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Forum topic by Blackie_ posted 07-03-2015 10:38 PM 1137 views 0 times favorited 17 replies Add to Favorites Watch
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Blackie_

4535 posts in 1979 days


07-03-2015 10:38 PM

Not that kind of sawing logs the real kind, geeez…. :)

I pulled these logs out thinking they were ready and rip for the picking but after sawing a few logs, I found that they needed to cook quite a bit longer, they’d been in the spalting pit for close to 2 years and thought I could shut the pit down as I have enough lumber to last me for the next few years or longer but these on the ground are going back in, they just aren’t quite ready yet, no spalting what so ever on these.

The log without bark is Chinaberry the others are Arizona Ash

-- Randy - If I'm not on LJ's then I'm making Saw Dust. Please feel free to visit my store location at http://www.facebook.com/randy.blackstock.custom.wood.designs


17 replies so far

View Jim Jakosh's profile

Jim Jakosh

17188 posts in 2572 days


#1 posted 07-03-2015 10:54 PM

Love that Grizzly G0555 saw! Nice log sled, Randy!!

Cheers, Jim

-- Jim Jakosh.....Practical Wood Products...........Learn something new every day!! Variety is the Spice of Life!!

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Blackie_

4535 posts in 1979 days


#2 posted 07-03-2015 11:19 PM

Hey Jim another thing about the saw, I didn’t use the factory stand that came with it I instead built a custom wooden stand with storage and built in mobile system

-- Randy - If I'm not on LJ's then I'm making Saw Dust. Please feel free to visit my store location at http://www.facebook.com/randy.blackstock.custom.wood.designs

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DocSavage45

7708 posts in 2309 days


#3 posted 07-04-2015 12:43 AM

Randy,

what are the log diameters? Good to see your back making sawdust in your shop.

-- Cau Haus Designs, Thomas J. Tieffenbacher

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MT_Stringer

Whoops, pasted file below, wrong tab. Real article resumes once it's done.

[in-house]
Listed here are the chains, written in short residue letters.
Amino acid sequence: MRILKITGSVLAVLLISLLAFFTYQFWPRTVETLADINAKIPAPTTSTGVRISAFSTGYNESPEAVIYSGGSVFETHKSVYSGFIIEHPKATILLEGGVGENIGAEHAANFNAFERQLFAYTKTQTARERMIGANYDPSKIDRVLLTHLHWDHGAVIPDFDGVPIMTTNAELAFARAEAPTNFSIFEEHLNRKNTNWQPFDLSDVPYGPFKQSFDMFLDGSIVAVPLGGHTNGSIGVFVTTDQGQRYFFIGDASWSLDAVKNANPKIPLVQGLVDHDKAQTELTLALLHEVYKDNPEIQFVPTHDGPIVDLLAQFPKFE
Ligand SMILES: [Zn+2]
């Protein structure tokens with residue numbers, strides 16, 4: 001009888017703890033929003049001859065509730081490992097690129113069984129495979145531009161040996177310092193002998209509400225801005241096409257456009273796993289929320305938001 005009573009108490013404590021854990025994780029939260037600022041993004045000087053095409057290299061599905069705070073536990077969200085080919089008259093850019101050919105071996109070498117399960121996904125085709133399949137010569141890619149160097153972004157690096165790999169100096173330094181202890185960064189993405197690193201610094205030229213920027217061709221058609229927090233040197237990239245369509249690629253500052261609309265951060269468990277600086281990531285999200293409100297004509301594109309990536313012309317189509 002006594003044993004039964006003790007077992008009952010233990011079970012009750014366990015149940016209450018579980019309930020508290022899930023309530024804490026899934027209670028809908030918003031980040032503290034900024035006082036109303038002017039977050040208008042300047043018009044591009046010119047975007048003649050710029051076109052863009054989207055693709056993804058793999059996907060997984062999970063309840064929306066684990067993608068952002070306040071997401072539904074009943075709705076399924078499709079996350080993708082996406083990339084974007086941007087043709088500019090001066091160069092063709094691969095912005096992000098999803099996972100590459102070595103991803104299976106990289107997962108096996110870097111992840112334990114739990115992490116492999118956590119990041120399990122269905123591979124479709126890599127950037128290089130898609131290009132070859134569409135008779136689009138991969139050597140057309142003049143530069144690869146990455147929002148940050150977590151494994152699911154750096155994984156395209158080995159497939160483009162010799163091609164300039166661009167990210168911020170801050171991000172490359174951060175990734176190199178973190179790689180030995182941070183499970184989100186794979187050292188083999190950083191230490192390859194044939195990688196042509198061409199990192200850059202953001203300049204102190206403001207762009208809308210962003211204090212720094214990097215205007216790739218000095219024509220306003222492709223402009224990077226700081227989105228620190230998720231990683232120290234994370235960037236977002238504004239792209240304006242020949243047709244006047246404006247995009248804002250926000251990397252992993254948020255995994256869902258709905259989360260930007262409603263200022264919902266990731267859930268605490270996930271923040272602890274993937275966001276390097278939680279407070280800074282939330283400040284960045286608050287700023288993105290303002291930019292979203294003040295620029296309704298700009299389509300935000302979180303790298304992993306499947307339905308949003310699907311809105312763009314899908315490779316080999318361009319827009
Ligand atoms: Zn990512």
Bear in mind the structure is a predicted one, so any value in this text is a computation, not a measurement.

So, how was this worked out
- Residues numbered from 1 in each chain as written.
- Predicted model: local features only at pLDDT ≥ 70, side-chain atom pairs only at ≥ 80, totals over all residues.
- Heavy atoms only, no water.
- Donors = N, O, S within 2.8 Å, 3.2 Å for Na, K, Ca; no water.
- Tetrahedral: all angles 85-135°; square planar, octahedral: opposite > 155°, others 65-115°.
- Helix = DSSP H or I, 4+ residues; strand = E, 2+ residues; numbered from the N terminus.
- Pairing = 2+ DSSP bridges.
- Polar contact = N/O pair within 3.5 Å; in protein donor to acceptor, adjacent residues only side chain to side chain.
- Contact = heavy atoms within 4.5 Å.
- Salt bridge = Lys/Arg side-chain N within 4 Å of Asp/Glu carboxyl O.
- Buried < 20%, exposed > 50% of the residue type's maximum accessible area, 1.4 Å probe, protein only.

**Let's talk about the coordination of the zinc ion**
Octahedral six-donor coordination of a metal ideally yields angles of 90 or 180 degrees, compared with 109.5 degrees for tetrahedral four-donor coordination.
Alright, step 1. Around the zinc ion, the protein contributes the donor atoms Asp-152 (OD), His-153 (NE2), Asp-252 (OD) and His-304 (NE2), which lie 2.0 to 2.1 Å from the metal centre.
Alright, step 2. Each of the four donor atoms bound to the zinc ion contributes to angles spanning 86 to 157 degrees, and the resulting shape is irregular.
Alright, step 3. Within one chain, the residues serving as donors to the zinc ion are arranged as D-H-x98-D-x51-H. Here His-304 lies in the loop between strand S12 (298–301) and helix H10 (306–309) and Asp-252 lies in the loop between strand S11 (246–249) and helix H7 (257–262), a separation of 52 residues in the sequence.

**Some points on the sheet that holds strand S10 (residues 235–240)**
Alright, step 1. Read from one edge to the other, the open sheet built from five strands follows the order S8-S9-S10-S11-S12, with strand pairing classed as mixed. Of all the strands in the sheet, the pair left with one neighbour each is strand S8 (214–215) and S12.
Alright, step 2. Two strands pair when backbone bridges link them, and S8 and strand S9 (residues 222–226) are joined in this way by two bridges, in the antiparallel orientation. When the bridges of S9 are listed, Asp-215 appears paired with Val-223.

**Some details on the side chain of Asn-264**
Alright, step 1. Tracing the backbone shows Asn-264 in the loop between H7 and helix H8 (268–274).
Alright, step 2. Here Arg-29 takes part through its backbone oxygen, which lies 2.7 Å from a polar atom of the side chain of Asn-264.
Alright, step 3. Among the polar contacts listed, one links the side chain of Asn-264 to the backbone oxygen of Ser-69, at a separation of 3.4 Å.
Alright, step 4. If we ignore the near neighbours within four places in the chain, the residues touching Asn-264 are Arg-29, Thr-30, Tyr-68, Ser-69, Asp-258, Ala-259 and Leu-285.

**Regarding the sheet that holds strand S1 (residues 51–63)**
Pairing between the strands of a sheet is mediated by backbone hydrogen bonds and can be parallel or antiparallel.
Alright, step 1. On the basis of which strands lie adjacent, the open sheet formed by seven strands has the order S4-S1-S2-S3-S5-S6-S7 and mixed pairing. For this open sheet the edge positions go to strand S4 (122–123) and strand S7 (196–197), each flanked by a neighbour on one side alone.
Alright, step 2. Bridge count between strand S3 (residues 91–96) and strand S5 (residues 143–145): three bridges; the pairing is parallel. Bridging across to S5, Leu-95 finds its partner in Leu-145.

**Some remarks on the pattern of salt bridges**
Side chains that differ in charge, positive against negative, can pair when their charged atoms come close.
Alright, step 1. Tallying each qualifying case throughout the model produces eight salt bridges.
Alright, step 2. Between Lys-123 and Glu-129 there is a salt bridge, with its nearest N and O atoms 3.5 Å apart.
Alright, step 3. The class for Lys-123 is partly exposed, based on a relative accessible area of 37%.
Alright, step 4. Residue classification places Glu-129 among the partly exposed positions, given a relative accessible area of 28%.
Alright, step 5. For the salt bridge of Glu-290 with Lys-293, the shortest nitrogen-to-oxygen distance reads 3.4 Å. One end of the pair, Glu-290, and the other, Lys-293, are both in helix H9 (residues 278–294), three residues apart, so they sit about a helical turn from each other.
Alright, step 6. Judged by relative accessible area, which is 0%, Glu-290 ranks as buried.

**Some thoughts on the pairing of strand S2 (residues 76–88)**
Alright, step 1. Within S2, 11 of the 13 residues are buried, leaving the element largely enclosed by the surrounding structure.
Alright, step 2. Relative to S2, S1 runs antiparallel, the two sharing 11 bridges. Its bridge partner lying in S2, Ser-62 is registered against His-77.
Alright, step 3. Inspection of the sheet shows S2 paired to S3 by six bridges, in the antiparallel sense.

2854 posts in 2697 days


#4 posted 07-04-2015 02:33 AM

Nice work. I have the same saw, just not the riser.

I don’t see anything wrong with getting up at the crack of noon!

And every day is Saturday! :-)

-- Handcrafted by Mike Henderson - Channelview, Texas

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Blackie_

4535 posts in 1979 days


#5 posted 07-04-2015 11:43 AM

Tom, they are 11 – 13 inches, I had to chisel some of the back and outer skin on a couple of the logs. One I had to take a slice off with chain saw to narrow it down a bit.

Mike, I bought the riser at the same time I bought the saw after reading comments and reviews and have not regretted it, the only thing that I’ve noticed is that it took a full inch from the vertical support to the blade reducing it from a 14” to a 13” but giving me 13” from the guides in full up position to the table.

-- Randy - If I'm not on LJ's then I'm making Saw Dust. Please feel free to visit my store location at http://www.facebook.com/randy.blackstock.custom.wood.designs

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Roger

19884 posts in 2270 days


#6 posted 07-04-2015 01:02 PM

That’s a really nice set-up for slicing those logs up.

-- Roger from KY. Work/Play/Travel Safe. Keep your dust collector fed. Kentuk55@yahoo.com

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helluvawreck

23199 posts in 2333 days


#7 posted 07-04-2015 01:20 PM

What you are doing is so interesting and you seemed to be set up to do it very efficiently.

helluvawreck aka Charles
http://woodworkingexpo.wordpress.com

-- If a man does not keep pace with his companions, perhaps it is because he hears a different drummer. Let him step to the music which he hears, however measured or far away. Henry David Thoreau

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Blackie_

4535 posts in 1979 days


#8 posted 07-04-2015 01:29 PM

Thanks Charles and Roger

I mill the logs into 1 1/2 thick boards, I than place them stickered on a drying rack inside of a 8×10 metal storage shed since I don’t have a kiln nor room for one I have to allow them the 1 + year drying time.